Google released its first branded tablet in June, but there’s been little said about how it’s actually doing in the market.

But in a recent interview with The Wall Street Journal, the chief financial officer at Asus — the company that makes Google’s tablet — gave the first hints of how sales may be going.

“At the beginning, it was, for instance, 500K units a month, then maybe 600, 700K. This latest month, it was close to 1 million,” CFO David Chang told the Journal.

That’s higher than many analysts were predicting based on Google’s revenue, which seemed to indicate that the tablet sold around 1 million units since its summer debut. While significantly less than 14 million in sales Apple reported for the past quarter, the sales figures show the Nexus 7 has made strong headway in the growing tablet market.

If Nexus 7 numbers are on the rise, it may bode well for the next two tablet models in the line — a revamped version of the June tablet and a larger, 10-inch version meant to compete with Apple’s iPad. Google announced those two tablets Monday in a blog post published in lieu of a New York event canceled due to Hurricane Sandy.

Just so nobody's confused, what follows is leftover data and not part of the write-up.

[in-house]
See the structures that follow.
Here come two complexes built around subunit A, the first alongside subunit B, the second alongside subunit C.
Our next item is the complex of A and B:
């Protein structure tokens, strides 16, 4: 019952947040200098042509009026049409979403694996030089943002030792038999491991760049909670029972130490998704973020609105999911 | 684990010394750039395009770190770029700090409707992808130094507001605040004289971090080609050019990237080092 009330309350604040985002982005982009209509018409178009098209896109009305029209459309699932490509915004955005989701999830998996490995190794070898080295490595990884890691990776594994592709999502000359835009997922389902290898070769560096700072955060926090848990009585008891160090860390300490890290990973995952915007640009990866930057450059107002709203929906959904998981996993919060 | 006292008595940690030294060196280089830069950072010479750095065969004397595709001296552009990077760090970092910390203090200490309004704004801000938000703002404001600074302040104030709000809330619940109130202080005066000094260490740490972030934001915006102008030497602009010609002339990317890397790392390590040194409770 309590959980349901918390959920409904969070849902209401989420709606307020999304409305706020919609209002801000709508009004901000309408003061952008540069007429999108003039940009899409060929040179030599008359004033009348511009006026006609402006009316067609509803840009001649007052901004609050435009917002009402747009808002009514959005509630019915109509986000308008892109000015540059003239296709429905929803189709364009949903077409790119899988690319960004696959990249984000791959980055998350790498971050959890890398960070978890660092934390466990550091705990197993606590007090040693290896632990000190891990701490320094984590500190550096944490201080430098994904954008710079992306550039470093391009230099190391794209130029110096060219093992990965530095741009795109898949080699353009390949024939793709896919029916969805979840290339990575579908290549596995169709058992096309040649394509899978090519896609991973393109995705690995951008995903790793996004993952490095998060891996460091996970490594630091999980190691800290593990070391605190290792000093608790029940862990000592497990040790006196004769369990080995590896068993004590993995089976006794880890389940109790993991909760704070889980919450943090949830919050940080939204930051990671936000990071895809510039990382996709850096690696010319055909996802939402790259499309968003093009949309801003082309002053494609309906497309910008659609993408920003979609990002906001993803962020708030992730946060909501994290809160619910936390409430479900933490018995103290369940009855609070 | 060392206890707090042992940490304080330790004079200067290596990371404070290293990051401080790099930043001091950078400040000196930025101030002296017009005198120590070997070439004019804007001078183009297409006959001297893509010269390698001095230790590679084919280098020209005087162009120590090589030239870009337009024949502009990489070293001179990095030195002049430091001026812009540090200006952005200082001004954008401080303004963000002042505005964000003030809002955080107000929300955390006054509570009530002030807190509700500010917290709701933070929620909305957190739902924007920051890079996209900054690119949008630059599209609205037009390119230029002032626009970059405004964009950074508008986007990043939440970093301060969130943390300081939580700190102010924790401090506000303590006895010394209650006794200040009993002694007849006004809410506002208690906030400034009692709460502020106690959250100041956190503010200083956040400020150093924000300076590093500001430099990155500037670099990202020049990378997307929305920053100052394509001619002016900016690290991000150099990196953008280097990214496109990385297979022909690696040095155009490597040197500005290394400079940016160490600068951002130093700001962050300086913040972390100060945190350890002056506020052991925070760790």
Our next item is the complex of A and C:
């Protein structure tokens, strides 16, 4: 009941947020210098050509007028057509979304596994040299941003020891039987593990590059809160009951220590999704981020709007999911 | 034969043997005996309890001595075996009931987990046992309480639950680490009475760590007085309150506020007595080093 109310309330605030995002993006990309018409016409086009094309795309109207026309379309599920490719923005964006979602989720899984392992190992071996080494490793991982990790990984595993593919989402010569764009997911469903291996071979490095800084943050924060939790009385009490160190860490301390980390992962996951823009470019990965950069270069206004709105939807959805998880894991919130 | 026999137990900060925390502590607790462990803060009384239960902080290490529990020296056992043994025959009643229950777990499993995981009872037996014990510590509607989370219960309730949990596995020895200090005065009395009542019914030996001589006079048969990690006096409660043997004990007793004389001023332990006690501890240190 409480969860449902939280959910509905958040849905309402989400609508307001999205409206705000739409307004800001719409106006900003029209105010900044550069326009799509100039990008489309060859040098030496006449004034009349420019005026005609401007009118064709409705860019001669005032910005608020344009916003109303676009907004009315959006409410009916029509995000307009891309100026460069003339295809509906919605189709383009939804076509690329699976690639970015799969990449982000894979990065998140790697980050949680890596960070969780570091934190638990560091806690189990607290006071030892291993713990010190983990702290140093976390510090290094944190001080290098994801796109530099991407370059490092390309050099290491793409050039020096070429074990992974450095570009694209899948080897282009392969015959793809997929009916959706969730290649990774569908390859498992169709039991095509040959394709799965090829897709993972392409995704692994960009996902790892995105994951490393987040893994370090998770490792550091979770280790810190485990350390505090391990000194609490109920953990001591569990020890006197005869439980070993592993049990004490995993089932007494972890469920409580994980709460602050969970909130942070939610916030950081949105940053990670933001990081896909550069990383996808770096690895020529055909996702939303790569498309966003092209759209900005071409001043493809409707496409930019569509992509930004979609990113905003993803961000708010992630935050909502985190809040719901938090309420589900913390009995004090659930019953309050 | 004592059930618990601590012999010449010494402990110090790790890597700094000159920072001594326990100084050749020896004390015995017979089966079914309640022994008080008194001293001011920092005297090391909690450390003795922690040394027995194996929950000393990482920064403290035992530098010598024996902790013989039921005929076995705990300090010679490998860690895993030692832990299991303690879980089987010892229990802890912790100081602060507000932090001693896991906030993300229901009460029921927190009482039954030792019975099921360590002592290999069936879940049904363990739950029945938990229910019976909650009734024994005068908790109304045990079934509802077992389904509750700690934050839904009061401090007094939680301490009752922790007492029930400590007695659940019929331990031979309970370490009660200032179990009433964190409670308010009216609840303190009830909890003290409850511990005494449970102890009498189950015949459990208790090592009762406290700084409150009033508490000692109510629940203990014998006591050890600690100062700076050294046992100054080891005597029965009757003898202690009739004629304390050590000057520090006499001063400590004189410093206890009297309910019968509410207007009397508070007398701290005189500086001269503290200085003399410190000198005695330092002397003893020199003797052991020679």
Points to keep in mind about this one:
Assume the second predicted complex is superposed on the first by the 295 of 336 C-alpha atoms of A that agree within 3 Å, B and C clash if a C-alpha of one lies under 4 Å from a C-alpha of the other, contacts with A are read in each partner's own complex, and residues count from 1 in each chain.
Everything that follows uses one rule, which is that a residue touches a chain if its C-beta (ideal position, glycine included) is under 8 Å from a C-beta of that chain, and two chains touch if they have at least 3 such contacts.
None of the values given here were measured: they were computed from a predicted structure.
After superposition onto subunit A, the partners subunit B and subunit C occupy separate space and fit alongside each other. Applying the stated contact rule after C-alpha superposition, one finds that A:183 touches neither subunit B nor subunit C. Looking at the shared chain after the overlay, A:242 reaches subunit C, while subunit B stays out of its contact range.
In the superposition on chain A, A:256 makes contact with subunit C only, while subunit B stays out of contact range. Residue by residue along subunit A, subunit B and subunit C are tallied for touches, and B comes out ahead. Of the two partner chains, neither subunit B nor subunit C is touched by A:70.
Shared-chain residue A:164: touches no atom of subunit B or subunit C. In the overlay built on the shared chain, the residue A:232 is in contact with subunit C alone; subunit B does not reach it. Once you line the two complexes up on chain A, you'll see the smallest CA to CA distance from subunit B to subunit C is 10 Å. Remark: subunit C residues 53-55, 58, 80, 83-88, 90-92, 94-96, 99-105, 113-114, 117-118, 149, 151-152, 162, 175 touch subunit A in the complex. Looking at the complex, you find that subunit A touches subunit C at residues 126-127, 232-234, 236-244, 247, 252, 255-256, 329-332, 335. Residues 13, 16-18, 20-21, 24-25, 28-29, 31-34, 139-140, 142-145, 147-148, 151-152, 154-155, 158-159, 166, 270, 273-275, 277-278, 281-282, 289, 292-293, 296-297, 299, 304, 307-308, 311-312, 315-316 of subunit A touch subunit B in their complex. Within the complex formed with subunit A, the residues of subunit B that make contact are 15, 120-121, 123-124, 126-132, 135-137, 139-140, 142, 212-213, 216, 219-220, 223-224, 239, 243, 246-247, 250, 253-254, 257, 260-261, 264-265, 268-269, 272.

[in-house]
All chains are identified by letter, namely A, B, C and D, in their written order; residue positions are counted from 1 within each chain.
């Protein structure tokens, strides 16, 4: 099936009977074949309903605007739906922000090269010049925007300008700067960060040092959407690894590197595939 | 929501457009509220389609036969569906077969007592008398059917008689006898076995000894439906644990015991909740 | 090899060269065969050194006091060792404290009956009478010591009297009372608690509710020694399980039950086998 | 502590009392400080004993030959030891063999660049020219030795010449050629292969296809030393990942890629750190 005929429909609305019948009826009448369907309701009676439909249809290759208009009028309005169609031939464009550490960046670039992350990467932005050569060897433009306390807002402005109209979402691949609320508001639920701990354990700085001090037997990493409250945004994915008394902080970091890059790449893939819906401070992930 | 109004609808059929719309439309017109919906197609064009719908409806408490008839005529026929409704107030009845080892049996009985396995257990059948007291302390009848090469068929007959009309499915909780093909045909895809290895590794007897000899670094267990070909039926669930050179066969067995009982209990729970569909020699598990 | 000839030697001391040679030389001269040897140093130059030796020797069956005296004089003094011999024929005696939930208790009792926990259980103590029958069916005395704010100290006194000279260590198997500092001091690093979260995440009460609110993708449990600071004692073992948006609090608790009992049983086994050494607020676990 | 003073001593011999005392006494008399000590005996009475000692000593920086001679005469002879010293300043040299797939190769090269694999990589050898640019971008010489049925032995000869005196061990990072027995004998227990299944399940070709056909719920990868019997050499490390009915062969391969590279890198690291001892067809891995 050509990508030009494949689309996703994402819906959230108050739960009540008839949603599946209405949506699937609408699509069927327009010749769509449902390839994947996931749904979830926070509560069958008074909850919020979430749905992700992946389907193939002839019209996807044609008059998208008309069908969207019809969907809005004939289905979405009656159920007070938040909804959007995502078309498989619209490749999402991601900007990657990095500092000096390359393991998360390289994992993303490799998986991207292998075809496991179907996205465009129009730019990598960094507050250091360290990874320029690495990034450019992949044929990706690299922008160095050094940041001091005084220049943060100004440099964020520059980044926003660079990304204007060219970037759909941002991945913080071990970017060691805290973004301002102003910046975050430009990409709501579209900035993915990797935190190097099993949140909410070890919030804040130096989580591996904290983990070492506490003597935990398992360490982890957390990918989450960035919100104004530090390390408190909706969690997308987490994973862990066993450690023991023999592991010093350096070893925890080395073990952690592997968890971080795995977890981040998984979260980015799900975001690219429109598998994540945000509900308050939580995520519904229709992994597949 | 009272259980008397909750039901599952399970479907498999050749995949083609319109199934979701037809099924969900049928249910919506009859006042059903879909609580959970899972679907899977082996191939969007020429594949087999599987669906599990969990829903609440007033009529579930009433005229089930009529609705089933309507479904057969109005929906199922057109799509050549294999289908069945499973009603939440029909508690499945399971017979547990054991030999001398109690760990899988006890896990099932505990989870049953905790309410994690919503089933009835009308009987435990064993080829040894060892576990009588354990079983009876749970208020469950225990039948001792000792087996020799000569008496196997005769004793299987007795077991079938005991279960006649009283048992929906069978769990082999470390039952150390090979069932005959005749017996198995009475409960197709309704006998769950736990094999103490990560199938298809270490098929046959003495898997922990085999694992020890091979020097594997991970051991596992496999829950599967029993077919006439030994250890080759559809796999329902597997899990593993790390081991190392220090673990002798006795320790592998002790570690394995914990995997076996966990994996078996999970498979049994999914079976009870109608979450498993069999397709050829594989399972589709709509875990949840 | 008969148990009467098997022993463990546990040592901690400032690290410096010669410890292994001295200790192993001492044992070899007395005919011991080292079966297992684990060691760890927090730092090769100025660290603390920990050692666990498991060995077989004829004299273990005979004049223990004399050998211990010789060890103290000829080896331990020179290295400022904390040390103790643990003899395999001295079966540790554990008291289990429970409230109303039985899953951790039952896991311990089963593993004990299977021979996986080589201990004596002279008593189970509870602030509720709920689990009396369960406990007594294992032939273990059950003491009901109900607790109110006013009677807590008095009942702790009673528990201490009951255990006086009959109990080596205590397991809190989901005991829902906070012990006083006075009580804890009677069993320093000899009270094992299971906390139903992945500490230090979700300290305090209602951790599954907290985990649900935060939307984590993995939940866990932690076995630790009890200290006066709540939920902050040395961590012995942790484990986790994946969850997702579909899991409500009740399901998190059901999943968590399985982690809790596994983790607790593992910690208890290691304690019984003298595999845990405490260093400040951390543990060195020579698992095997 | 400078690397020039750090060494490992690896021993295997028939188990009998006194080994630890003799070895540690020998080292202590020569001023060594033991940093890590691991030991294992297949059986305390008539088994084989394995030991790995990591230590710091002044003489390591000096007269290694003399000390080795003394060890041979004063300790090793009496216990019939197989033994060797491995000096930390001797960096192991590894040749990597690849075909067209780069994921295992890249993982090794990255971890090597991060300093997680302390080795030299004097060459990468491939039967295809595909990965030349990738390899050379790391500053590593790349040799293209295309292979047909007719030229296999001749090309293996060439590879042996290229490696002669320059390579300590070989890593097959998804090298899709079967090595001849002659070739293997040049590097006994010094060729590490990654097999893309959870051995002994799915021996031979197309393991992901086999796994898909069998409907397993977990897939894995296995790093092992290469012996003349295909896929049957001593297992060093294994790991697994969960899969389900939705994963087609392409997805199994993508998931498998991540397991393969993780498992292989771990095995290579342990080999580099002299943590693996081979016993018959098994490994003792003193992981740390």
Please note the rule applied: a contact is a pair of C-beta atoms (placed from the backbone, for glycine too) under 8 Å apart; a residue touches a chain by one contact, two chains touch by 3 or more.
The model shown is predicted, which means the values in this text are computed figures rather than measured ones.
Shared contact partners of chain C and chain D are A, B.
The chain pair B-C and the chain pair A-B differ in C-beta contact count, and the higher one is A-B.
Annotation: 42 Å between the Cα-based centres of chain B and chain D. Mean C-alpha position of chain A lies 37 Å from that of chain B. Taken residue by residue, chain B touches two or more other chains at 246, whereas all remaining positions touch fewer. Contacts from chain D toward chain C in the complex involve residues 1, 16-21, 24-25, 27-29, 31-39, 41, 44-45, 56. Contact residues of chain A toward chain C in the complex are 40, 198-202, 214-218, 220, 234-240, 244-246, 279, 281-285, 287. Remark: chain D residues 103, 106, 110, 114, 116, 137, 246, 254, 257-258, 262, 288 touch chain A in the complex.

The announcement means that Google and Apple are now fighting a two-pronged tablet bout — heavyweight and featherweight — with the introduction of the Nexus 10 and the iPad mini.

Competition will be particularly fierce in the smaller tablet market, between those two companies and Amazon, which posted an unfavorable comparison between its small Kindle Fire and the iPad mini on its homepage Monday.

Unfortunately for Apple, it has almost nowhere to go but down. The company currently commands the majority of the worldwide tablet market — with a bullet — but may see iPad sales erode under the pressure of lower-priced competitors.

One of Apple’s biggest competitors may even be itself. According to a report from Computerworld, at least one analyst thinks the iPad mini will steal up to 50 percent of its sales from the iPad. Other analysts have put that figure closer to 10 or 20 percent, but Tech-Thought’s Sameer Singh looked at data on the iPad 2 and the third-generation iPad to get a hint about cannibalization.

Singh said documents from the patent case between Apple and Samsung showed that the “iPad 2 cannibalized approximately 60% of 3rd generation iPad sales, i.e. for every 5 million iPad 2 buyers, Apple lost 3 million 3rd generation.” He expects that Apple will see a comparable rate with the iPad mini, which in turn could drive its profits down.

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